Recording for the first time on the Naim label, Montague and colleagues – Joshua Blackmore (drums), Kit Downes (keyboards and tuned percussion) – have upped their game still further with a musical outpouring inspired by the guitar man’s Hitchcockian fear of birds – Ornithophobia. And in a move which widens the scope of ‘the three’, they welcome renowned bassist Petter Eldh to add his considerable weight of experience to production/mixing and, for two numbers, composition.

Launching in typically intense character, Arcades crackles to the abrasive guitar/keys perambulations of Montague and Downes, with synthy prog backwash, before relaxing into a pleasingly retro, Keith Emerson-like rock beat. Key to Troyka’s success is the blurring of the scored, manipulated and improvised – and the groove of this opening number almost feels too short (perhaps a live extension is already in the bag!). Life was Transient undulates to an impossible Hammond rhythm, picked at by Montague until irregular synth melodies that Herbie Hancock would be proud of puncture the fluid, pulsating bass-driven momentum. Crunchy title track Ornithophobia thuds to Blackmore’s metallicised percussion, Montague’s rapidity on the fingerboard just extraordinary – and, at every twist and turn, something new arrives to excite the senses.

Magpies (black’n’white hysteria from writer Montague!) hits the trance button with a blistering saturation of sound, Kit Downes’ distorted keyboards reminiscent of National Health’s Dave Stewart – and the overall drive is hugely cinematic (movie editors take note). The concept of the album is realised in Thopter (faux newsreader suggesting the BBC’s Fiona Bruce may have been more convincing), rendering in sound the album art’s storyboard horror of the band transmogrifying into avian counterparts; with urgent, clamouring guitar, keys and drums, it results in another irresistible adventure. And sustained, contrasting miniature, Bamburgh (replete with seagull effects) implies the rugged, dune-swept coastal terrain of Northumberland in serene, Eno-suggested ambience.

Kit Downes’ The General fascinates with a riff which broods, then accelerates, into a wondrously bluesy lead guitar show from Montague (shades of Knopfler?) – and imagine the ’70s prog rock illuminati queuing up to employ Josh Blackmore! Troyka Smash mesmerises briefly with Eldh’s resampled titbits from Troyka’s catalogue until another impressionistic North Eastern landscape, Seahouses (with helicopter rescue overtones), crashes its waves to shore.

Released on 26 January 2015, and launching on 12 February at Rich Mix, London, Ornithophobia is available in CD, vinyl and digital formats. Dates of Troyka’s extensive national and international 2015 tour can be tracked here – New York, are you ready?!……

 

Chris Montague guitars
Joshua Blackmore drums, electronic drums
Kit Downes keyboards, organ, tuned percussion, piano

troyka.co.uk

Illustration/storyboard by Naiel Ibbarola

Naim Jazz Records – naimcd210 (2015)

‘China Lane’ – Alice Zawadzki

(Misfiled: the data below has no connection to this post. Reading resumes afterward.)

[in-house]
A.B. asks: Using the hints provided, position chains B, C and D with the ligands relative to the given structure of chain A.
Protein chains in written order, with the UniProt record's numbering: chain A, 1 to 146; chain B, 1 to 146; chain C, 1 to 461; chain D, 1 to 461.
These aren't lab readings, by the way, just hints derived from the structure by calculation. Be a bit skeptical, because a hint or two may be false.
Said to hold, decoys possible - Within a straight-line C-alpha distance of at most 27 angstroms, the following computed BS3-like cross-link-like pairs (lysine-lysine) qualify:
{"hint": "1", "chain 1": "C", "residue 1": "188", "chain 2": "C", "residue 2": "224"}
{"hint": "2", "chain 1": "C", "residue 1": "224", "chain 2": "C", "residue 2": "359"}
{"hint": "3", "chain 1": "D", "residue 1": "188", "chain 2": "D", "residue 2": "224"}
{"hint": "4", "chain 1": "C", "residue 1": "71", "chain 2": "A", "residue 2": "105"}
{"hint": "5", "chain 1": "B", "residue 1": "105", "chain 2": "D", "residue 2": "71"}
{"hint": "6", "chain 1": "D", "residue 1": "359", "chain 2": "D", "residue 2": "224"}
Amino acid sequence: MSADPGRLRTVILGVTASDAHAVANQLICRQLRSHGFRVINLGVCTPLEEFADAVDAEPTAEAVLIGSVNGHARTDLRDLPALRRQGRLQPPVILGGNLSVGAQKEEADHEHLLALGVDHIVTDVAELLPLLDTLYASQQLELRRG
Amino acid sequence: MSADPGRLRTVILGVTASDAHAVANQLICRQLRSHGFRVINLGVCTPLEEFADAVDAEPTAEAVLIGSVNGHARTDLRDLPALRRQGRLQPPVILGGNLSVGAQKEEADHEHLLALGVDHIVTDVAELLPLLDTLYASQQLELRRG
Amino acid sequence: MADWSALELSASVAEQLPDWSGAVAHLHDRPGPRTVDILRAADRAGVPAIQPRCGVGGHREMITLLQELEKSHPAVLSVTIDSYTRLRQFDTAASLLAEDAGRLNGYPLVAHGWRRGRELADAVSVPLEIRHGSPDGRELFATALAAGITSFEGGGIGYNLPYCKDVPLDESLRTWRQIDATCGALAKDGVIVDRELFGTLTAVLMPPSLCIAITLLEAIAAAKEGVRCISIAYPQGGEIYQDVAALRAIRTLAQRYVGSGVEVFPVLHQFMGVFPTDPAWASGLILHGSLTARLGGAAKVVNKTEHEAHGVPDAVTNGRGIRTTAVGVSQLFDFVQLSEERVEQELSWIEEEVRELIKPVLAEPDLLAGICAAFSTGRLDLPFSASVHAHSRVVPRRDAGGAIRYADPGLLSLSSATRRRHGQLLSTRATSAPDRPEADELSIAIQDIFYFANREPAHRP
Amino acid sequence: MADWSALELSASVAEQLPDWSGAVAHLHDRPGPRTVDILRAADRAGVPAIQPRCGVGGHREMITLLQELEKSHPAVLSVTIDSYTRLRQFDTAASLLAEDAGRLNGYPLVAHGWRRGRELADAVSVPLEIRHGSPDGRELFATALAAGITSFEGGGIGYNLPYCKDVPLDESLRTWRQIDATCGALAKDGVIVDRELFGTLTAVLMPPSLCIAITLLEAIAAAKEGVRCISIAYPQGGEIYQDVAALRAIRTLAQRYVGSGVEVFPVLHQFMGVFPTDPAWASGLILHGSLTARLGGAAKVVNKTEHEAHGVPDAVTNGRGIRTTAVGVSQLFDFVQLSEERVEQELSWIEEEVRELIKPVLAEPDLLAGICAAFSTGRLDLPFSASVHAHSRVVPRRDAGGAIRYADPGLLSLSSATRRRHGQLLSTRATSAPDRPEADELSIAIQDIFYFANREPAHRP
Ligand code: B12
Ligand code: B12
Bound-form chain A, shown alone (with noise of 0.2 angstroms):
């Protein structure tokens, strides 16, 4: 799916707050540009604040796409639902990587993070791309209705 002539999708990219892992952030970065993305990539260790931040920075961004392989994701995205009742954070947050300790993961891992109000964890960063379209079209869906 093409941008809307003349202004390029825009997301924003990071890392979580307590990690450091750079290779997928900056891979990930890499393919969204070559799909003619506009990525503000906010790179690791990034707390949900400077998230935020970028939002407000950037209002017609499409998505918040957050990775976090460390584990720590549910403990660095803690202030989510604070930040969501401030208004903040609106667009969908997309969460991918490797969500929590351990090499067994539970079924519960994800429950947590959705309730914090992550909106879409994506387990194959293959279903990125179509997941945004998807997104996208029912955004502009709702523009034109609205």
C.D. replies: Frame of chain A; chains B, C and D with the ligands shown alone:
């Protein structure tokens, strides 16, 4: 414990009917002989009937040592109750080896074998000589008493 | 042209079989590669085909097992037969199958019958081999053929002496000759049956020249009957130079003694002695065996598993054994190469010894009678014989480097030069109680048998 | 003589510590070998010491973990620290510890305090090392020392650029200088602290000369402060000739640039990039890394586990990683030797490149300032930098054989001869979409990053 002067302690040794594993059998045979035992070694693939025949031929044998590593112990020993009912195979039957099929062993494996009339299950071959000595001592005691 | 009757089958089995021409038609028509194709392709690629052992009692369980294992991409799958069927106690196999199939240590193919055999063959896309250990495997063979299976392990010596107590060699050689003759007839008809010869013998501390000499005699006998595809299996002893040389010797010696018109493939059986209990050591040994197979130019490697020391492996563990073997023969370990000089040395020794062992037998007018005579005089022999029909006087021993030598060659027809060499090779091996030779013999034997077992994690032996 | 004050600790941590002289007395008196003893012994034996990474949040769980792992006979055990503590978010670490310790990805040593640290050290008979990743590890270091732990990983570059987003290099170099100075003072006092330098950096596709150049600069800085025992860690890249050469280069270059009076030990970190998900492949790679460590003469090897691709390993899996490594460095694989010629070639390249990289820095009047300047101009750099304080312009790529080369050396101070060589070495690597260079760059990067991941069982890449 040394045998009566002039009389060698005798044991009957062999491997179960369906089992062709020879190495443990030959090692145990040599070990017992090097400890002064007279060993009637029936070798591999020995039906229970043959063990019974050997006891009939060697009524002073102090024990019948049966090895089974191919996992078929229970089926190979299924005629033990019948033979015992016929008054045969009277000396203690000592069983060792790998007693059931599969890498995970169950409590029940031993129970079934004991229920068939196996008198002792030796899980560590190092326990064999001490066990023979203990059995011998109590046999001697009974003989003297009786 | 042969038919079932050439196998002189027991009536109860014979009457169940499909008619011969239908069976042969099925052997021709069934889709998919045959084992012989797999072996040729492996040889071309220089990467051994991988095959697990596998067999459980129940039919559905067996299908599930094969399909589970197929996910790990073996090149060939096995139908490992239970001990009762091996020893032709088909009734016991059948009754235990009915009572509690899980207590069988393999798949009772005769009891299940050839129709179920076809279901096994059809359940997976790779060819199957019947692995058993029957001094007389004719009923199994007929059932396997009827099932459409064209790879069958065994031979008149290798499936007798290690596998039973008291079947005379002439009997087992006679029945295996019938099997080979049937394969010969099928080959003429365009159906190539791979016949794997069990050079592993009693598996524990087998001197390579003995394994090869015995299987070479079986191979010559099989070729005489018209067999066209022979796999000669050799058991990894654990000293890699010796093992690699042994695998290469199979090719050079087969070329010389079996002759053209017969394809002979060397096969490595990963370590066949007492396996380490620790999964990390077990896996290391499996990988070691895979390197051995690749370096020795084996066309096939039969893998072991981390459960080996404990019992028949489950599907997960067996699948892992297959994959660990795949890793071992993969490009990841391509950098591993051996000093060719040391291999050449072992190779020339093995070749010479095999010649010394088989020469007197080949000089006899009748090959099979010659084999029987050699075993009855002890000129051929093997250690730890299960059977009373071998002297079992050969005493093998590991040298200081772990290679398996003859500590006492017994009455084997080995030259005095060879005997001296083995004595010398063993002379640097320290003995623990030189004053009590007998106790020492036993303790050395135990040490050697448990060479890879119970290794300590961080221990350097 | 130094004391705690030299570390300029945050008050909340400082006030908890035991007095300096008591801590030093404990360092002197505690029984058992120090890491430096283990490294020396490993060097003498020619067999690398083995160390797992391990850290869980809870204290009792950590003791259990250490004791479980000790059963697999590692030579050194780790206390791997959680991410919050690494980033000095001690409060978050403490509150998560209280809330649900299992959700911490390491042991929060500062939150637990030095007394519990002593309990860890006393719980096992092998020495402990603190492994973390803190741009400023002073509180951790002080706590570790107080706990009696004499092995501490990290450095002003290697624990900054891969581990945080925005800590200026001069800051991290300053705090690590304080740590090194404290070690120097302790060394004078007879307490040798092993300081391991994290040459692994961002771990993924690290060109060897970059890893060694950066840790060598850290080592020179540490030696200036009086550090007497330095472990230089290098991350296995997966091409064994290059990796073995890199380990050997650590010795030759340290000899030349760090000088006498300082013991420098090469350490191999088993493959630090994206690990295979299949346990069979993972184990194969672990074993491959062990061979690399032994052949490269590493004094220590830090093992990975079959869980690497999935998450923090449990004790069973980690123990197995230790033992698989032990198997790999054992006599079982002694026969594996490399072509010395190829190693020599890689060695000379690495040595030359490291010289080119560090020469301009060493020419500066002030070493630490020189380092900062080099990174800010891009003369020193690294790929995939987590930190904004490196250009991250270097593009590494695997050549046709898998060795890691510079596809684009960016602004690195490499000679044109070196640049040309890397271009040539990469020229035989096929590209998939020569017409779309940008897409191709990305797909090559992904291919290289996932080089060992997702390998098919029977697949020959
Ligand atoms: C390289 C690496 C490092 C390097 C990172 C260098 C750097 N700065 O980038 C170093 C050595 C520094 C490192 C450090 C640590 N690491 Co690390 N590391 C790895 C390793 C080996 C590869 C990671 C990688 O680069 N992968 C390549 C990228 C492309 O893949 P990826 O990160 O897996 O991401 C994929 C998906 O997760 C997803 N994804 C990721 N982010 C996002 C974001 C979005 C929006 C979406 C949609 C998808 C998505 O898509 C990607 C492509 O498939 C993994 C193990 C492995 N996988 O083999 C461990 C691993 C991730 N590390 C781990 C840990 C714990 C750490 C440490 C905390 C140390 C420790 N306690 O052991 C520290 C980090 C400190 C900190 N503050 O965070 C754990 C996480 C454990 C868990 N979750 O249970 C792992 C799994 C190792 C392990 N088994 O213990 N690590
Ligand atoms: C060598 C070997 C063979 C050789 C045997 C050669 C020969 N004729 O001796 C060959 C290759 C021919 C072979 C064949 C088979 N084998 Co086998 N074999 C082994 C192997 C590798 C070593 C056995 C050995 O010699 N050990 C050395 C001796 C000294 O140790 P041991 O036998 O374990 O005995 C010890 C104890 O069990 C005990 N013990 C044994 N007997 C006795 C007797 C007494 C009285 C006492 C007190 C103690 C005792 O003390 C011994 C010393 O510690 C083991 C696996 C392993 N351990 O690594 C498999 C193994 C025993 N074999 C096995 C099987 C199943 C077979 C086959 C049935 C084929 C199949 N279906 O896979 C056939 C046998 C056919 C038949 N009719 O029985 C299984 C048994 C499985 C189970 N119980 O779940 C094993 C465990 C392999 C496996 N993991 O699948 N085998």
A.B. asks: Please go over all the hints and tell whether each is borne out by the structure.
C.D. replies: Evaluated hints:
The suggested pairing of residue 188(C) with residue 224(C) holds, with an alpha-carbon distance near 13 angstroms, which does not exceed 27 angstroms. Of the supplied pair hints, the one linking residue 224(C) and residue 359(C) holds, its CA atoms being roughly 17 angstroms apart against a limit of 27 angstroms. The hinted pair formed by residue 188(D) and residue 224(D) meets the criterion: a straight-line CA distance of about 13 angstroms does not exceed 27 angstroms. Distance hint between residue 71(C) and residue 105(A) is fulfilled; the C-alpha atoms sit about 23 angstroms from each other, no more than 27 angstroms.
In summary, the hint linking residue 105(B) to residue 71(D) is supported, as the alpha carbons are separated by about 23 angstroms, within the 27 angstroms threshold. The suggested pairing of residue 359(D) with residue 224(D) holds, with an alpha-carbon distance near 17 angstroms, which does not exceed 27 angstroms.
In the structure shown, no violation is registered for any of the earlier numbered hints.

CDWalletCrescent_DW-WithSpineNew.pdf

FROM THE DELICATE opening riff of this debut release, singer, songwriter, violinist and pianist Alice Zawadzki has me enraptured. A number of years in gestation, China Lane offers a unique and pleasantly beguiling approach to jazz, folk (call it what you will) which is enduringly irresistible.

Comprised mostly of originals, this collection can be curious, unpredictable and maybe even eccentric – but it is this bold individuality which sets it apart. And, with the immense musicality of friends such as Kit Downes (Hammond), Alex Roth (guitar), Jon Scott (drums) and Andreas Lang (bass) on board, as well as strings and associate voices, this is a magical journey with a breadth that takes in stories of love, tenderness, desolation, discord and mischief. Zawadzki’s assured vocal delivery – heard also in Moss Freed’s excellent Moss Project (album review here) – is, for me, redolent of the invention of Annette Peacock and Björk, with a touch of the light, new-age folkiness of Sally Oldfield – yet it also possesses a rich and passionate depth which particularly comes to the fore in the two arrangements here of traditional Sephardic tunes.

The breathy, brushed, folksy opening number Ring of Fire, featuring Zawadzki’s clear lead vocal and mysterious violin melodies, is the perfect example of the twists and turns to be found in these entertaining fifty minutes. Kit Downes’ distinctive scratchy Hammond gradually nudges further into the proceedings against the sustained wash of Alex Roth’s guitar until, with rapid gear change, Andreas Lang’s double bass signals the glorious blues-jam conclusion, Downes and Roth underpinning Zawadzki’s playful scat-like vocal improvisations which, in the end, seemingly catch them out (to their audible amusement!). Cat is described by the composer as a modern fairytale in which “the ghost of a murdered feline finds its way into the body of a woman with excellent consequences”, the laboured push-pull rhythm provided by Jon Scott and sinewy effects from Downes and Roth – plus close, soulful harmonies – adding to the fantasy. Again, the mercurial nature of Zawadzki’s writing triumphs, Downes turning in a characteristically showy solo.